Monday, 29 November 2010

Put the hero through hell, not the reader

Presumably, like me, you write in the hope that somebody somewhere will read and enjoy what you've written. Preferably a handful. More preferably a multitude who'll pay for the privilege.

Spend any time reading advice on writing and it won't be long before you're told to put your characters through hell; define the most precious thing they have and take it away from them; devastate them mentally, physically and emotional – this will make your story visceral, emotive and gripping.

Except it takes a little more than that. If you do these things without purpose, reason or effect your reader will end up going somewhere else. Why? Because it's narrative progression that grips readers, not watching characters get persecuted. Without movement or change repeated hellish scenes are just that – repeated hellish scenes. It's like making a point, then making it again, and again, and then shouting it just to make sure. Trust me, we got it the first time.

But I want my reader to really understand what my character is suffering, says the bone-headed writer. Sorry, buddy, which reader is that exactly?

You see, it's not the physical, sexual or emotional hell that makes the story interesting, it's what the character does about it that's interesting – it's the dramatic question that such scenes generate that create the propulsion, the urge in the reader to read on. How will she cope with that? How will he get out of this hell-hole? If the reader turns over to find those questions not answered, just more hell, then unless he's a sicko, he'll move on.

But if you're determined to make your story a hell-trail, here's how to do it - there must be some hope, some suggestion that this can change or stop. Either the hero must be able to help themselves or someone else can.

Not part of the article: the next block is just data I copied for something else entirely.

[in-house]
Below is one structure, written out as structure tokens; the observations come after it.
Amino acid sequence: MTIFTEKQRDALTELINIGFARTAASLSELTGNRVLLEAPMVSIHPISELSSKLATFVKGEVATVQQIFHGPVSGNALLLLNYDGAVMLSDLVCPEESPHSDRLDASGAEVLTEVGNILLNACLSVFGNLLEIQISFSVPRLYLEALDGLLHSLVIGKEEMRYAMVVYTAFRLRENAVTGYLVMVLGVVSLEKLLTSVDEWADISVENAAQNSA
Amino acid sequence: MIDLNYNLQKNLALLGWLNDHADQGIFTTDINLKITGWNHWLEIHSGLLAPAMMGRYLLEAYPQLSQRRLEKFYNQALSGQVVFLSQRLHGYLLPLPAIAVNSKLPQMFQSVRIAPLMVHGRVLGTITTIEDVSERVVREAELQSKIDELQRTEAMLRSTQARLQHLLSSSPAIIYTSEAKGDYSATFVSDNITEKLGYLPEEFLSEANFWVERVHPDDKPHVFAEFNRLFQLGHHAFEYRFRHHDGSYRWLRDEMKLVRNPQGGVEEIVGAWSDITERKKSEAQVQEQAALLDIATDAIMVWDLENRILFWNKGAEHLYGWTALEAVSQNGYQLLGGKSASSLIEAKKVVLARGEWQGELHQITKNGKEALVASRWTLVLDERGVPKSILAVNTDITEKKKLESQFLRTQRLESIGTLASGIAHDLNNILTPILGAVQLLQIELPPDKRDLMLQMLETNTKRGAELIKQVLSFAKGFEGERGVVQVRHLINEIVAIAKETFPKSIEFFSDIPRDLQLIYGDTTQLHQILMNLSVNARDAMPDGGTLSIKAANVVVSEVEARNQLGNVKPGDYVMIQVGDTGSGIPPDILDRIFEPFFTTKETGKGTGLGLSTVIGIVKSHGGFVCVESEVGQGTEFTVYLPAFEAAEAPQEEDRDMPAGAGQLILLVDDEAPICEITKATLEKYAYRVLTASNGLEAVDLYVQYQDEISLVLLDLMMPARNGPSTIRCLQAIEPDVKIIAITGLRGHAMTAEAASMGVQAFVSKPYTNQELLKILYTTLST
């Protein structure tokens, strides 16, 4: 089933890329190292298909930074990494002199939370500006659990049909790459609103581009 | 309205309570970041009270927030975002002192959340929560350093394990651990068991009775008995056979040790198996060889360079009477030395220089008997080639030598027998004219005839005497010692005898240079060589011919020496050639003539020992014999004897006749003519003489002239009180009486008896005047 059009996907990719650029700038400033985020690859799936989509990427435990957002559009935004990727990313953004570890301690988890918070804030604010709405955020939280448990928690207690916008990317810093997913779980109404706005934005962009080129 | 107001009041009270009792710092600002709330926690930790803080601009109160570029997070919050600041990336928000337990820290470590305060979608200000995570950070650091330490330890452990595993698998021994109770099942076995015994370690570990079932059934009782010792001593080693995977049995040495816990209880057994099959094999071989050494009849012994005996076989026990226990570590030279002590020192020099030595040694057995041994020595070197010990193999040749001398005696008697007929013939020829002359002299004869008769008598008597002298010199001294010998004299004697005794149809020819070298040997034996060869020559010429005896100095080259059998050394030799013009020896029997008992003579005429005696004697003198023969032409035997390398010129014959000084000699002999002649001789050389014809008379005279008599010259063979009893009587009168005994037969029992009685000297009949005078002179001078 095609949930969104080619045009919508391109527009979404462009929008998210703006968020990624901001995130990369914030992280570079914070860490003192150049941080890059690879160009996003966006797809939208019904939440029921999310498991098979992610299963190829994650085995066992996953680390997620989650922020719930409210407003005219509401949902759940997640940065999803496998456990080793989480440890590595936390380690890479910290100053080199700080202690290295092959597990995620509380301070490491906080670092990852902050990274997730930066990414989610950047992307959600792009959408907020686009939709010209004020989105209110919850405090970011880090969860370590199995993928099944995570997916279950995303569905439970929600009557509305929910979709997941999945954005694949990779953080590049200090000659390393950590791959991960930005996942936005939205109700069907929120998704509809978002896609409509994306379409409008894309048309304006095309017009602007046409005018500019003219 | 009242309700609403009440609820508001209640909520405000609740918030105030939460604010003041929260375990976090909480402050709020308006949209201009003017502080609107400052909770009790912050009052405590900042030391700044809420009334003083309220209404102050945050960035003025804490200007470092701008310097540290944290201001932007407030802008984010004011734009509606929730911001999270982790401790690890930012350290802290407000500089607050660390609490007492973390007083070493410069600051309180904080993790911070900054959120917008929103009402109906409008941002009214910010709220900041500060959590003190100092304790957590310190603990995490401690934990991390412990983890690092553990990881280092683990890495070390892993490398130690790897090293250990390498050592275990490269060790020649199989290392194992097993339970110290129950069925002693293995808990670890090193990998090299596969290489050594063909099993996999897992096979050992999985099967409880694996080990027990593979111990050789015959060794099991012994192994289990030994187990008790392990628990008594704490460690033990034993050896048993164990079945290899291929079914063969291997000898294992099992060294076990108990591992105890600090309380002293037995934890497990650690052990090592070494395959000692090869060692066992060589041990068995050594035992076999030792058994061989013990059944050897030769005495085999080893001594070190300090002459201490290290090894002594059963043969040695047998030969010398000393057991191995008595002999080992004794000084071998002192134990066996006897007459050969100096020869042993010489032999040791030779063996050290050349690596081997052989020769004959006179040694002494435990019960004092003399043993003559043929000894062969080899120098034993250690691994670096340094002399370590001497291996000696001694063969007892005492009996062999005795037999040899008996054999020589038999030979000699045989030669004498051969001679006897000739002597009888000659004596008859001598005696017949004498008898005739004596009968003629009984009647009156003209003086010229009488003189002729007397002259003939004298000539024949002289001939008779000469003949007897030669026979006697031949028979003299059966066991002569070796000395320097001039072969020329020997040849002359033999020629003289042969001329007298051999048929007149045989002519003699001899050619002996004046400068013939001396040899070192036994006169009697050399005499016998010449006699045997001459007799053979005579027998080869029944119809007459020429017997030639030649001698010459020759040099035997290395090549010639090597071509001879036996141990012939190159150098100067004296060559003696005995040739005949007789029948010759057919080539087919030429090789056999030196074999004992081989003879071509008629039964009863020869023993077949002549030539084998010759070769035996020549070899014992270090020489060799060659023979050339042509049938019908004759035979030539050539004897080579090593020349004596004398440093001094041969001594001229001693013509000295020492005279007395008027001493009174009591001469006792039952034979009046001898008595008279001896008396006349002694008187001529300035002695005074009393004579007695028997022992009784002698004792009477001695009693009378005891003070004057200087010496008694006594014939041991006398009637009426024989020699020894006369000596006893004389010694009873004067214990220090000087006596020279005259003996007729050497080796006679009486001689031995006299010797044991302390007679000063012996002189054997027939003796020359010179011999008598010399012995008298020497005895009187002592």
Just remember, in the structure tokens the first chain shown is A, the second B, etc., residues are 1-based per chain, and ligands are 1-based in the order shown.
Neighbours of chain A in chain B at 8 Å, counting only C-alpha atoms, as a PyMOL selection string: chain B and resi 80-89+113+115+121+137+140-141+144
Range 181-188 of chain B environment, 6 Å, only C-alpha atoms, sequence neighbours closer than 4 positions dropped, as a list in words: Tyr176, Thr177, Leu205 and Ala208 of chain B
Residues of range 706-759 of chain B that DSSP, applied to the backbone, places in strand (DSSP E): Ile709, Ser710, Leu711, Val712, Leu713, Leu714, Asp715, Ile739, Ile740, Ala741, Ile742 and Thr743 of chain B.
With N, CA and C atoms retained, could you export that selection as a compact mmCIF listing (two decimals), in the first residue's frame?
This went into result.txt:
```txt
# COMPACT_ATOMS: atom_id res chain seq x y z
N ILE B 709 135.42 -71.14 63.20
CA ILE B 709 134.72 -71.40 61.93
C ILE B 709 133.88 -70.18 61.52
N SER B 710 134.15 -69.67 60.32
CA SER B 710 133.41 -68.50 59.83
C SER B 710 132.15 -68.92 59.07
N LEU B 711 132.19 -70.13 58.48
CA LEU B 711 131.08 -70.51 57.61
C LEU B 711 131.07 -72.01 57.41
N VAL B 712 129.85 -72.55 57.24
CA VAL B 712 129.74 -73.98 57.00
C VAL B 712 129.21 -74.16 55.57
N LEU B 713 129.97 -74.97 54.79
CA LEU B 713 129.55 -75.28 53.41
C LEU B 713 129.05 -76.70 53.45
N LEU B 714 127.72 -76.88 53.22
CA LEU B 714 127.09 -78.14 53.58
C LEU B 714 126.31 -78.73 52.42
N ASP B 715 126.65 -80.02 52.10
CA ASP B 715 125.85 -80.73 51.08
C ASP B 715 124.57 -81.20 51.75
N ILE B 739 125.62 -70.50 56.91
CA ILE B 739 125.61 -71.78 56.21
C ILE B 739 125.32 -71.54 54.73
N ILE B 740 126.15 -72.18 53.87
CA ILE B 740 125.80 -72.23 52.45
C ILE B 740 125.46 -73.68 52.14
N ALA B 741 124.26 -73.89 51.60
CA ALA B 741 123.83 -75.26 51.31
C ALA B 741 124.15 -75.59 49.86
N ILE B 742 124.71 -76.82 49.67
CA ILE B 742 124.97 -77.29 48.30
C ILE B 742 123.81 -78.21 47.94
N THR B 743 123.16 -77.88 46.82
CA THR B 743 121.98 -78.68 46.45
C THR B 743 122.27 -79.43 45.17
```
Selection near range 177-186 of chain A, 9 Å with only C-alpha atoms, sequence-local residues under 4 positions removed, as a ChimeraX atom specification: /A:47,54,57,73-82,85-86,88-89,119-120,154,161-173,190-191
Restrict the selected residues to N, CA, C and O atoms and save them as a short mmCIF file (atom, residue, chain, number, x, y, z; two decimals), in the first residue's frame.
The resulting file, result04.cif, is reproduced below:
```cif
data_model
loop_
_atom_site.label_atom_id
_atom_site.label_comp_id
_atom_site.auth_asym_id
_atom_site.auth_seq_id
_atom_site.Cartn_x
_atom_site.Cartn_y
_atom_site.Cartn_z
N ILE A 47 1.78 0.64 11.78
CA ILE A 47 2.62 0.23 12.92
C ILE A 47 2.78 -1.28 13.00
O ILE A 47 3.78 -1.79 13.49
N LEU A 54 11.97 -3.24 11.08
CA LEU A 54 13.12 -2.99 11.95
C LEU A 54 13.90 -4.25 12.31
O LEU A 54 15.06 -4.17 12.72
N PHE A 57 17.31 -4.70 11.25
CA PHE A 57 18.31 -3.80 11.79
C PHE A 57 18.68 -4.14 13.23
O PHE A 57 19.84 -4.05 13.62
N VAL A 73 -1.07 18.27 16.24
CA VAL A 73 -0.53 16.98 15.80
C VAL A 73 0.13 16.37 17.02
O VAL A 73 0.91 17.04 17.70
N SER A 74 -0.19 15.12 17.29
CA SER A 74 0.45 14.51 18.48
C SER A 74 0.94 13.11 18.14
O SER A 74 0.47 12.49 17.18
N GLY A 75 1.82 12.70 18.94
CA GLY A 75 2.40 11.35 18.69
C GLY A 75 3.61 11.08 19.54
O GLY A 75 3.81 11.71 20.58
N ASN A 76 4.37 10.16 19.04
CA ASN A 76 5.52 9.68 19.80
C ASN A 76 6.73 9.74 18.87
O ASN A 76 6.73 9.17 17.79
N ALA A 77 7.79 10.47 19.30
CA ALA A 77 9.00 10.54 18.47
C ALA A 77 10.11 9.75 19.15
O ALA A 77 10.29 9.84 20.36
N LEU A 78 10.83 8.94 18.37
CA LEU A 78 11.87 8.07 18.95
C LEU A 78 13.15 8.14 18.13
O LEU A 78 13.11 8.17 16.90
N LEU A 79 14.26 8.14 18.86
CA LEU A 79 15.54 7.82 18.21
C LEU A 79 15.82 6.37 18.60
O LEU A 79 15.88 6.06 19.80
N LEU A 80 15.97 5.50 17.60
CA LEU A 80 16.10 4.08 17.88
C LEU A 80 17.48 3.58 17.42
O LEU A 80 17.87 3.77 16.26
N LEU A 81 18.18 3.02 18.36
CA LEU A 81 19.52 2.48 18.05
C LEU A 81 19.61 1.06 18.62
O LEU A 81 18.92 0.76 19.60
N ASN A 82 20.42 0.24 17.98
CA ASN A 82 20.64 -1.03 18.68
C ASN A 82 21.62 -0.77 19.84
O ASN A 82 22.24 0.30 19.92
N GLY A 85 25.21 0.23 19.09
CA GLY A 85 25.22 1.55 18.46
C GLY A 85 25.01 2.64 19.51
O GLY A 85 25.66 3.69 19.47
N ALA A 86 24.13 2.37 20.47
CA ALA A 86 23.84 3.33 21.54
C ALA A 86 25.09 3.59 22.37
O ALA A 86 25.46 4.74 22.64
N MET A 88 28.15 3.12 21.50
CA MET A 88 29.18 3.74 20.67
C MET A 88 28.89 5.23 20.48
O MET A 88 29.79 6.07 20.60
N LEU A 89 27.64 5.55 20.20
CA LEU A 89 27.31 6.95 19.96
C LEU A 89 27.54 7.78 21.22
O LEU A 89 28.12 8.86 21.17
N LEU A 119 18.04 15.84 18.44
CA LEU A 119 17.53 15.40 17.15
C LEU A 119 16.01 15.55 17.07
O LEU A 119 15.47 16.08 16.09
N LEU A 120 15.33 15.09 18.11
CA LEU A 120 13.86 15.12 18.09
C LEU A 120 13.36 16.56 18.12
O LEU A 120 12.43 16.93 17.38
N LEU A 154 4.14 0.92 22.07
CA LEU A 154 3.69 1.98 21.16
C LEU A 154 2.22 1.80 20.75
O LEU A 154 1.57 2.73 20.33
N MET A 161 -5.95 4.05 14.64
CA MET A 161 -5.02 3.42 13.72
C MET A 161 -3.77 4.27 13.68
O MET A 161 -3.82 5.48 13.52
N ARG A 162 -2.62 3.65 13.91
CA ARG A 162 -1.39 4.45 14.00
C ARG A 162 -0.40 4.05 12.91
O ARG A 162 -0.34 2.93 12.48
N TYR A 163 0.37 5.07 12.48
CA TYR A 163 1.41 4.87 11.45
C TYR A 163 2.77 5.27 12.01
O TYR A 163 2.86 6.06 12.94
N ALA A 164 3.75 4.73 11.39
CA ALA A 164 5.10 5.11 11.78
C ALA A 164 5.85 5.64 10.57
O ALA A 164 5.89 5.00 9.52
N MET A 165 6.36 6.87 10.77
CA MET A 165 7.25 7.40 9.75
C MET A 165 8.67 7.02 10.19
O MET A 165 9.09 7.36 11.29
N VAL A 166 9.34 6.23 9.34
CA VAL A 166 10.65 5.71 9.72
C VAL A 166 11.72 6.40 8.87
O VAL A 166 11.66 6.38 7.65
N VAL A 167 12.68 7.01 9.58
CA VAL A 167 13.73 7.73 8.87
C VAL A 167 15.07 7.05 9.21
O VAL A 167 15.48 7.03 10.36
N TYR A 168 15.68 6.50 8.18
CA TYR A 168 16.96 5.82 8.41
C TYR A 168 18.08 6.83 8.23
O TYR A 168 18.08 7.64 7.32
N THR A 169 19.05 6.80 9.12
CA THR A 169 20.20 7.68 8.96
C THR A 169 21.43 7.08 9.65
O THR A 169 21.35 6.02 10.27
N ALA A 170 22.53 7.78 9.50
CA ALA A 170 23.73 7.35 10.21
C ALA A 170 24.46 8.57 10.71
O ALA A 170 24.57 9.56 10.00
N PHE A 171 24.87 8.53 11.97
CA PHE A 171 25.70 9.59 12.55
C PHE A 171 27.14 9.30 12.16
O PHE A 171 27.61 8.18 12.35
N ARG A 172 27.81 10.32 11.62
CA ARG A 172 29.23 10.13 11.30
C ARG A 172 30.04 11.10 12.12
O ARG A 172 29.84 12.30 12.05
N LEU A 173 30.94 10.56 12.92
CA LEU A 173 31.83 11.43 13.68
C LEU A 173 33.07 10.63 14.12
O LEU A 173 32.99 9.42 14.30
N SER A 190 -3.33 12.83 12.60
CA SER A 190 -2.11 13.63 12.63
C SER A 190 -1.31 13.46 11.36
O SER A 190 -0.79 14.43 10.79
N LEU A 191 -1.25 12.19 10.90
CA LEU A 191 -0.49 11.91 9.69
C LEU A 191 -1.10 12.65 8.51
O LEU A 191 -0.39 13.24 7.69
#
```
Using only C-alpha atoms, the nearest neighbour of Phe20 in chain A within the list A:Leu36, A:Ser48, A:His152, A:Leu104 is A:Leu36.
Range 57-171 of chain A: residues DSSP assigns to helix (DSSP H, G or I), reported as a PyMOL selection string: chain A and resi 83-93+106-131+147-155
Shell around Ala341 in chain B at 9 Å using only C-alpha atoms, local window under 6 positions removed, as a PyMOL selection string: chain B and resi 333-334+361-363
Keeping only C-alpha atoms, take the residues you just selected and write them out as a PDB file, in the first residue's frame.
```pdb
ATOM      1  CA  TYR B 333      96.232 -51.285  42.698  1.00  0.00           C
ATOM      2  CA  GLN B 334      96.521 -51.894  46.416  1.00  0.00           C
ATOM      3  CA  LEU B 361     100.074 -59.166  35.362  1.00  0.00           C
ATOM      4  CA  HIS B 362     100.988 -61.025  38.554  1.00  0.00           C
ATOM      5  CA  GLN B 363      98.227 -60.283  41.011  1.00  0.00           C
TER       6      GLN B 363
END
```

Progress the hero from one hellish scene to another – think of the character Butch played by Bruce Willis in Pulp Fiction – a masterclass in story-telling as a character tries to get himself out of a situation only to find himself in repeatedly worse ones, culminating in a dramatic turn-around between protagonist and antagonist.

Torture or abuse a character by all means – make the reader understand the jeopardy they are in – remind us throughout the narrative – but continue it without narrative movement, hope, or redemption and I'll go wake up the gimp.

5 comments:

  1. Not only that, but as we become attached to the character, we want the author to cut them some slack. Give us a breather. We like this person. So it can't be all doom and gloom or it's no fun.

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  2. Humor can sometimes be a great defense mechanism against the gloom and doom. Even in the final installment of Harry Potter, when there's a ton of doom and gloom, there are still moments of light that shine through, which help the reader cope with all the bad stuff going on.

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  3. This post makes me wonder what you've recently read (hopefully not my pages!). Or maybe not so much since the trend to put characters through hell, simply for the sake of hellish situations does seem to be rampant and frankly, encouraged by many agents. I've been told to send my MS back if I choose to go this route by more than a handful of them...

    As always James, you understand the true significance of storytelling...that the reader come away from the experience changed, hopefully for the better. A hell-trail alone will never make that happen.

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  4. @Tamara - good point. Thanks for commenting, Tamara. Hope you're getting those Amazon reviews you need.

    @Jeffrey - good to hear from you again, Jeffrey - great to see your blog is going strong and I hope the writing is going well too.

    @becca - hey Bec - I did think about naming the writer who prompted this post but I thought it would then make it about that particular writer - who is in fact a writer I admire - rather than the point I wanted to make. Thanks for commenting btw, I do like it when a post of mine prompts you to respond.

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  5. YOu make a good point. I think the same applies to anything - action scenes, funny scenes - they need to move the story forward!

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